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Understanding Window Condensation

posted by Ann on December 5, 2014


New homes are more energy efficient than older homes.  Why? Because they are built with a greater amount of insulation, more vapor barriers, caulking, tighter windows and the building practices used cut down on air infiltration.


In the first year of a new home humidity levels in the house can be higher than normal.  Why? Because many of the materials used to construction a new home contain high amounts of water.  For instance the cement, the drywall compound, the mortar used to set tile stone & brick, grout, the paint etc. are all made with a high amount of water.  In addition, your home was NOT built in a controlled manufacturing plant.  It was built outside in the elements.  So many of the materials that went into the home were exposed to the weather and may also have absorbed moisture during the building process.


That is why when we were building your house we may have continuously ran an industrial sized dehumidifier in order to pull as much moisture back out of the building products as possible.


 In addition, now that you are living in your new home you are producing a normal amount of humidity by cooking, breathing, showering, doing laundry, etc.  It should also be pointed out that household size and lifestyle will affect the amount of humidity present in your home.


What does all of this have to do with condensation on your windows?  Moisture condenses on the windows since it is the coldest object in any given room with the glass having a much higher rate of heat loss and hence being the colder surface during the normal heating season.  Since you have a new more energy efficient house that is very tight, high humidity levels will cause condensation and frost to appear on any colder surface like windows as well as around outlets, recessed lights, exterior doors and even on drywall.


Here’s something important to know… WINDOWS DO NOT CAUSE CONDENSATION!  THERE IS NOTHING WRONG WITH YOUR WINDOWS! Phew! That’s a relief!


You will never completely eliminate window condensation, especially when the temperatures outside drop quickly like they do in Wisconsin!  However, there are a number of things you can do to help the situation:


  1. It is very important to exhaust the humidity from your home.  This can be done by running bath fans and cooking exhaust fans that are vented to the outside when necessary.  These fans should be run for at least 20 minutes after a shower or a cooking session.  If you have ceiling fans it is very helpful to run these in the winter time as well to move air and reduce moisture.
  2. You should run the furnace fan constantly—do not put it on auto.  Set the furnace fan to on and this will help to move air as well as decrease moisture/condensation in your home.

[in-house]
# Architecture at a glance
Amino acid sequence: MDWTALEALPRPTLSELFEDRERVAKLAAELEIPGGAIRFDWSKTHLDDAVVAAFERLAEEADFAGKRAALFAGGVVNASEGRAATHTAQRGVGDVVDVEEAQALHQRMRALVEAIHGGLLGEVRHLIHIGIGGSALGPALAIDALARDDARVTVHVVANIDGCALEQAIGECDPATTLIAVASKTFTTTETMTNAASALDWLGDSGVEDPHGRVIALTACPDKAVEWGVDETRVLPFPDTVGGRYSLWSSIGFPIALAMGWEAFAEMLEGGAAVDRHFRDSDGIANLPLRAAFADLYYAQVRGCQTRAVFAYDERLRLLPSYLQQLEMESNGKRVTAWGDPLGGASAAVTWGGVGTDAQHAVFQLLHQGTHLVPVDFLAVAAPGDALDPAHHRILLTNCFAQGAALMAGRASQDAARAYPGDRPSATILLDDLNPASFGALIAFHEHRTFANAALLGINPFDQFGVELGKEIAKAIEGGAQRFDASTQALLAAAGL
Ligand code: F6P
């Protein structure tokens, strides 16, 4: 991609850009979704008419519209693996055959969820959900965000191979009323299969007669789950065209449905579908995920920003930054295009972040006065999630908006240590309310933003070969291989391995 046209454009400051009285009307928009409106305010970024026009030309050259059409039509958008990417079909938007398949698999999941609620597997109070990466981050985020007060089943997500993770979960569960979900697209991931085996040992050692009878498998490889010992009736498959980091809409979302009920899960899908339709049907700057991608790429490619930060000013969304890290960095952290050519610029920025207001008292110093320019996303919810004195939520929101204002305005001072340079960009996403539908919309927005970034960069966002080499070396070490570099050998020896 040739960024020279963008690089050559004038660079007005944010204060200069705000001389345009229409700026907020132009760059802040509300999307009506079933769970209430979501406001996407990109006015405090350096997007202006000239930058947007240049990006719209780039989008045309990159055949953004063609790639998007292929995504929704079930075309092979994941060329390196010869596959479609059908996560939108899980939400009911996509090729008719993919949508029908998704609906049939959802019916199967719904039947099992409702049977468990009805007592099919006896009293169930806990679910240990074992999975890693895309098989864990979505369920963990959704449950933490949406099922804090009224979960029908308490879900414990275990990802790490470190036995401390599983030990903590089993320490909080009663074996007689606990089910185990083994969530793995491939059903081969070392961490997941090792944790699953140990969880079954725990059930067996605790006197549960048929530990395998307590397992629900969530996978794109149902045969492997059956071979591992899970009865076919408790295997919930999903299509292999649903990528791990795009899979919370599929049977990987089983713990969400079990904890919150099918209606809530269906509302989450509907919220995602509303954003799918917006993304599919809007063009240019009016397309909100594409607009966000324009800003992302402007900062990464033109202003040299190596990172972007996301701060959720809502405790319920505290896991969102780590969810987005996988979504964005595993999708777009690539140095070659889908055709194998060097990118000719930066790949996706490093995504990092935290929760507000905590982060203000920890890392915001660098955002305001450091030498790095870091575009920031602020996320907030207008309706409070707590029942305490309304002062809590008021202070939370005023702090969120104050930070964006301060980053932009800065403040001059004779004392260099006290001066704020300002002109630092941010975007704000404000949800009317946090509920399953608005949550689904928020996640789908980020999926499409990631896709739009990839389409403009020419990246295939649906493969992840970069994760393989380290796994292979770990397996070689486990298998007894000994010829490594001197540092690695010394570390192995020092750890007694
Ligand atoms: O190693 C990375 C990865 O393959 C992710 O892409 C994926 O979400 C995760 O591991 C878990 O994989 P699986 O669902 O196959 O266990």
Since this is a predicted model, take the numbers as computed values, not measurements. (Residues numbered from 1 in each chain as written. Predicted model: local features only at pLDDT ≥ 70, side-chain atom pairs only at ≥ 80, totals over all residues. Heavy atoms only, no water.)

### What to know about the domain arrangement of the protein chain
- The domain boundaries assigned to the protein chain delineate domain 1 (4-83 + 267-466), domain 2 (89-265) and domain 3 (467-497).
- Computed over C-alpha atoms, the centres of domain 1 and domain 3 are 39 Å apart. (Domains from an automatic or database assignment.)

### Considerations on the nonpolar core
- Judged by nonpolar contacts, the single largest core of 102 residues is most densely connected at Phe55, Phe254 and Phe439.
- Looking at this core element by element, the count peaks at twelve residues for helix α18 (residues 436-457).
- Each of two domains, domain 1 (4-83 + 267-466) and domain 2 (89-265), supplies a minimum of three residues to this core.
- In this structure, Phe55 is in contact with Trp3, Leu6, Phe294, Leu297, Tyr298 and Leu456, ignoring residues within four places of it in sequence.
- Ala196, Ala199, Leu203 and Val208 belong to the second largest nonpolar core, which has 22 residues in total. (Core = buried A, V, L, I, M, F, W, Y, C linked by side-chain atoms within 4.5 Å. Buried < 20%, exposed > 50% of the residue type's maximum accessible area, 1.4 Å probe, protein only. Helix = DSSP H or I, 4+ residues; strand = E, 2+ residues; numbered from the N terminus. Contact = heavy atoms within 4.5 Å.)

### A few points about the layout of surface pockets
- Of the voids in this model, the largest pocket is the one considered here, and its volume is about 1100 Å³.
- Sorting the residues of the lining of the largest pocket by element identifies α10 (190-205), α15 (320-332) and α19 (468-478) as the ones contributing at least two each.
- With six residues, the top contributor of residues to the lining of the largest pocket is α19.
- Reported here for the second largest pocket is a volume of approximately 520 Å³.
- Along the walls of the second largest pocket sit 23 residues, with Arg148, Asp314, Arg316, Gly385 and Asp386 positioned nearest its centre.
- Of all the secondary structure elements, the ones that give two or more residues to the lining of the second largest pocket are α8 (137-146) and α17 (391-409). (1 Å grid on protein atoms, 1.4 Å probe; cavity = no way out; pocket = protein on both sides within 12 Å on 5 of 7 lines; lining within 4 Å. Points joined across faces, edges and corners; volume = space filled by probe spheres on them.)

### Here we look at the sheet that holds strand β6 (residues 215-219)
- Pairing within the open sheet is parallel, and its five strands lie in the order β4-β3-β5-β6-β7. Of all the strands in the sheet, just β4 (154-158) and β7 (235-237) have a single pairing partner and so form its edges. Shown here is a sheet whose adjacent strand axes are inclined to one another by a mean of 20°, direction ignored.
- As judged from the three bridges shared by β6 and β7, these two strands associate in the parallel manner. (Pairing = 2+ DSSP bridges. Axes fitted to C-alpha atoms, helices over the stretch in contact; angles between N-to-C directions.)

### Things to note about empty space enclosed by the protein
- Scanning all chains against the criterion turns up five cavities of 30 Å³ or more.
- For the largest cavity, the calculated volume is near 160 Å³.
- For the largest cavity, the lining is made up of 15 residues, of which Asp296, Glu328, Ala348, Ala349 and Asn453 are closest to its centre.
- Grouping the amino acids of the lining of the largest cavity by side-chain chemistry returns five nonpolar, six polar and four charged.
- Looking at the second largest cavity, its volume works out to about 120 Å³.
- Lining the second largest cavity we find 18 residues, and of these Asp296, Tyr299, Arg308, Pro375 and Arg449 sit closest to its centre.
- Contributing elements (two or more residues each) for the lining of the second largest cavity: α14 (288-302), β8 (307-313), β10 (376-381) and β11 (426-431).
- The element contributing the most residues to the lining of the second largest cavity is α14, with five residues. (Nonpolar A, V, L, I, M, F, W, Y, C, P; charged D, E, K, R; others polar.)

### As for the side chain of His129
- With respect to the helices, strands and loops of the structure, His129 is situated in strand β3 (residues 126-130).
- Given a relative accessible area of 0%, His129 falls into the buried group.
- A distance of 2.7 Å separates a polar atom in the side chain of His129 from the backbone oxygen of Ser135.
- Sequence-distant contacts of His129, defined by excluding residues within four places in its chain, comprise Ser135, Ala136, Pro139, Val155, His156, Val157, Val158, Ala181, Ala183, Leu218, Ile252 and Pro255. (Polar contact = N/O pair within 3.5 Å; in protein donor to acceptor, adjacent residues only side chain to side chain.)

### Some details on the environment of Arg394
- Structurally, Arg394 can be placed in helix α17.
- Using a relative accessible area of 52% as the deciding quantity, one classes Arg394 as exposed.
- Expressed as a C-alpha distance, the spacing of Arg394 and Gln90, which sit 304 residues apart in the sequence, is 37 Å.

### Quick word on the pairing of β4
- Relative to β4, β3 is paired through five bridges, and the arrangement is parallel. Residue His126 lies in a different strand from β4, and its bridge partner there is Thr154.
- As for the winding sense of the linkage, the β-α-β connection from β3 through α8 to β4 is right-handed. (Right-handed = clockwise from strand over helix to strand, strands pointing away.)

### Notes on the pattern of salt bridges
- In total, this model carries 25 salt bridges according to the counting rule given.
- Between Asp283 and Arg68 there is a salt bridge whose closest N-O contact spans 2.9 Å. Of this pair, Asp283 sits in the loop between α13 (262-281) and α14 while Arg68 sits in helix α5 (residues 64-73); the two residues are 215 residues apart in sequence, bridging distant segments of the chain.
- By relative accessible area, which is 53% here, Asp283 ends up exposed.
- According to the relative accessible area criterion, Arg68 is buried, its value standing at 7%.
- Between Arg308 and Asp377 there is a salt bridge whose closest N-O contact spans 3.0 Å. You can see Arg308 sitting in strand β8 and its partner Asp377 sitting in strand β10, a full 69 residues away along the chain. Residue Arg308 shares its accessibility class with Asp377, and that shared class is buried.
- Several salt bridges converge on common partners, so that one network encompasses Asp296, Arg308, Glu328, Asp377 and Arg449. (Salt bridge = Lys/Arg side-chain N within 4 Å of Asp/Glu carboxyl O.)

3. You can crack a window to permit excess moisture to escape.
  4. Buy a humidistat from the hardware store.  You may want to purchase one for each level of your house if you have more than one level.  These are very inexpensive!  Use this humidistat to monitor the humidity level in your home.  As the outside temperatures drop, the indoor relative humidity level of your home should be decreased in order to reduce condensation appearing on the windows and other surfaces.  The following table will help you determine what your humidity level in the house should be based on the outside temperature:


Outside Air Temperature             Inside Relative Humidity

(for 70 Degrees F Indoor Air Temp)

-20 degrees F                                     15 to 20 percent

-10 degrees F                                     20 to 25 percent

0 degrees F                                         25 to 20 percent

+10 degrees F                                    30 to 35 percent

+20 degrees F                                    35 to 40 percent


  1. If you cannot maintain proper levels and the problem persists it may be necessary to purchase a de-humidification system or even an air to air exchanger.  Please note:  just as too much moisture causes problems as described above, insufficient humidity or excessive dryness can cause other serious problems.
  2. If you have a humidification system installed on your furnace system, excessive moisture on the windows is an indication that your humidifying equipment is set too high and producing too much moisture.
  3. Window treatments can reduce the temperature on the glass and also cause condensation issues.  It is recommended that interior screens be removed from casement windows during the heating season and that raising blinds or opening draperies will help to minimize the situation.


We hope that this helps you better understand the natural process of condensation and humidification and how to better manage it in your home! Andersen Windows has a great short video describing this process above so be sure to check it out!



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